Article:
According to a recent report by Check Point Research, crypto mining malware contribute to most of the criminal activity in the industry.
Crypto mining malware
In 2019, despite the price of most assets remaining relatively low, the crime rate stayed quite high. Many high profile criminal activities reared their ugly heads throughout the year including exchange jackings, ransomware threats and of course crypto mining malware attack.
Cybercrime has been quite high in recent years. In 2018 alone, cybercrime resulted in a loss of around 1.5 trillion dollars. Regardless, it is a totally different story when it comes to crime within blockchain networks. The encrypted and random nature of data transfer between addresses makes it hard to be targeted. Secondly, the blockchain and its data cannot be cloned or manipulated. Regardless, cyberattacks still pose a threat to these networks.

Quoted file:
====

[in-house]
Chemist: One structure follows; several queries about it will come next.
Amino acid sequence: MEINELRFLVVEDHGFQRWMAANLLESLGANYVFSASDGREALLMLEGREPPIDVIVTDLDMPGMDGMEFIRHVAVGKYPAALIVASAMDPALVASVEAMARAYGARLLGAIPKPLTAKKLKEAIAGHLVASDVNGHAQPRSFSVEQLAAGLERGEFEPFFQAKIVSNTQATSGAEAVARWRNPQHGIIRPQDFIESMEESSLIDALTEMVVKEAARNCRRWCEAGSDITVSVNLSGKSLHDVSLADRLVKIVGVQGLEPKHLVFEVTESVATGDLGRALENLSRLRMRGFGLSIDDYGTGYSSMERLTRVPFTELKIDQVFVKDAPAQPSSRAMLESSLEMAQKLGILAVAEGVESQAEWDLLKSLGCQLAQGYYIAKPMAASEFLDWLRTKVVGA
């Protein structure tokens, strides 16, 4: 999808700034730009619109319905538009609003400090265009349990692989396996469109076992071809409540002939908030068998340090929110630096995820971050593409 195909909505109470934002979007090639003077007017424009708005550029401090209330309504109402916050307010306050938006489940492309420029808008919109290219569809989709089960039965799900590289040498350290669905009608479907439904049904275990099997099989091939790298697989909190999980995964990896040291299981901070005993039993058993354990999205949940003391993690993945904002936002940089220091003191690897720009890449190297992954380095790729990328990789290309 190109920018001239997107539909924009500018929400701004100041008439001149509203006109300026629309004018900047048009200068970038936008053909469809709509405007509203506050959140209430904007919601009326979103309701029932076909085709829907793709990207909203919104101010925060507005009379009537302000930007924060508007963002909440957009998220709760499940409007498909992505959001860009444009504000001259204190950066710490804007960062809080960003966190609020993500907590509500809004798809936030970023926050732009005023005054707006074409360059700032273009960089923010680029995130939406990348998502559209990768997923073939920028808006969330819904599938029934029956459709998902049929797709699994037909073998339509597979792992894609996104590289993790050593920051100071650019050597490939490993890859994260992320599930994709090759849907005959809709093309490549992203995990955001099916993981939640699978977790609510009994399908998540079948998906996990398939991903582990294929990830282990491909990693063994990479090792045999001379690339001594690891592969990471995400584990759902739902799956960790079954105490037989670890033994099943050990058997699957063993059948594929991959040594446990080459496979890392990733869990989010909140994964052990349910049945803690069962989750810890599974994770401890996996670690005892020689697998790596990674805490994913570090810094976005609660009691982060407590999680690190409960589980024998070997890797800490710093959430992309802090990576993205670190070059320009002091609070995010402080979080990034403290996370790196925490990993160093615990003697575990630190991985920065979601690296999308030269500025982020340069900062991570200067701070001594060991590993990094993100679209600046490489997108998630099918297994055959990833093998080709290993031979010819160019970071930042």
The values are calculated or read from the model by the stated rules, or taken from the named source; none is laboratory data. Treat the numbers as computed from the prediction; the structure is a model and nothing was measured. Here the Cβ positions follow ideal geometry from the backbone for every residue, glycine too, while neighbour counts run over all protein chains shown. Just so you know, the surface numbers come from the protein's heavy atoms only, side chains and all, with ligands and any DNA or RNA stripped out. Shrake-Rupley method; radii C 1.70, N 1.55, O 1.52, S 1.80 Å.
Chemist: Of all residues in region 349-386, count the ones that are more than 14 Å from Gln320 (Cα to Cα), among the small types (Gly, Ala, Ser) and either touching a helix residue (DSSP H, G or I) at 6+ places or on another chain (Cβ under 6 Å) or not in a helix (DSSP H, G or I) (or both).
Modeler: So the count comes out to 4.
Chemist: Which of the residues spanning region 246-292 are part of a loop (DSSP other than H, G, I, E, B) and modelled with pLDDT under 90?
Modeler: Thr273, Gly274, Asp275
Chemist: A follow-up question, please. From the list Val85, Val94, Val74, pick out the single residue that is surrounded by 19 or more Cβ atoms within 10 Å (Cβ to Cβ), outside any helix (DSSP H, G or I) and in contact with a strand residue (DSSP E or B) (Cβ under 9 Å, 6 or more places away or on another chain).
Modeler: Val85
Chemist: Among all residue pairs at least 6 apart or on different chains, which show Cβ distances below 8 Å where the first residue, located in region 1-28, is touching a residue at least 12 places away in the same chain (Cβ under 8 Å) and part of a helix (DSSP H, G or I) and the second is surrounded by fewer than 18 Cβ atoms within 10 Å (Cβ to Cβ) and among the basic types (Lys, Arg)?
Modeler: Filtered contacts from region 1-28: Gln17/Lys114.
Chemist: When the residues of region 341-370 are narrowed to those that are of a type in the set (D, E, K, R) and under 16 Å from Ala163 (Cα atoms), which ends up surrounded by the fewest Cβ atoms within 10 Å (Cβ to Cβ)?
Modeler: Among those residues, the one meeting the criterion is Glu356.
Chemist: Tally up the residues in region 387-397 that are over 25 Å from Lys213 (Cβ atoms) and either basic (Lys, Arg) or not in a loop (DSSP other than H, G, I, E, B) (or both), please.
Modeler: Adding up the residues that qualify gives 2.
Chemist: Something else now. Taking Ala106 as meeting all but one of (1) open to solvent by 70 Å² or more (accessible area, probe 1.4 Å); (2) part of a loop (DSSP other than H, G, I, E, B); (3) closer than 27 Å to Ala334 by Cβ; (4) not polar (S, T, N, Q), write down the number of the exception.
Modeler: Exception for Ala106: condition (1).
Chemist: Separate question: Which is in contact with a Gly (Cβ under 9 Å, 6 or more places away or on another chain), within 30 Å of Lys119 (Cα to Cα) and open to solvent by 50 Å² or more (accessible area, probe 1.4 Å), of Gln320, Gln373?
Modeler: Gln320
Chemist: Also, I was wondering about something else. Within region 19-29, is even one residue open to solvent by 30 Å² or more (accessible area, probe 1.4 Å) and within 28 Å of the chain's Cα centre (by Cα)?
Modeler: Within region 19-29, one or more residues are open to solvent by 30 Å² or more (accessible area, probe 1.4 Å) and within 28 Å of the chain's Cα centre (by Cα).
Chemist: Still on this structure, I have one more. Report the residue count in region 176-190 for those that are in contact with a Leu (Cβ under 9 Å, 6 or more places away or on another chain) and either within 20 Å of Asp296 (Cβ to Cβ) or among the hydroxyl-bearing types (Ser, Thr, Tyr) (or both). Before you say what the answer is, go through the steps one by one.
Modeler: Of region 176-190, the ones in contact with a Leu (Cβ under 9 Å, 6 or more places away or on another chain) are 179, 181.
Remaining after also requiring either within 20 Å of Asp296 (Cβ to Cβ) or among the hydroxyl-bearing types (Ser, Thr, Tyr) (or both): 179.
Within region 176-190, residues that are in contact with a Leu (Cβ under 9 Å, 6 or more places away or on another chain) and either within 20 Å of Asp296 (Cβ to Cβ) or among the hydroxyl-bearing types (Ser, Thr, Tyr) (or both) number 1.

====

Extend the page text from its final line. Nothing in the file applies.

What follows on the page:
Check Point’s research noted that despite the price of cryptocurrencies declining, cloud servers were still a target for crypto mining malware attacks.
A crypto mining malware is a software that attaches itself to a computer device and uses its computing power to mine crypto assets for the attacker. A person can be attacked by malware through an email or file that is infected with malware. This process is conducted in the background of the computer device and causes it to overheat or become extremely slow. As a result, the victim might be seeing higher electricity bills.
Currently, mining malware and ransomware are the two notorious threats to cybersecurity in recent times. While mining malware is done in secret, ransomware is the exact opposite.
The victim just has to click a random infected file and the ransomware would attach itself to his device. The attack encrypts critical files on the device and demands money (mostly Bitcoins) for decrypting them.
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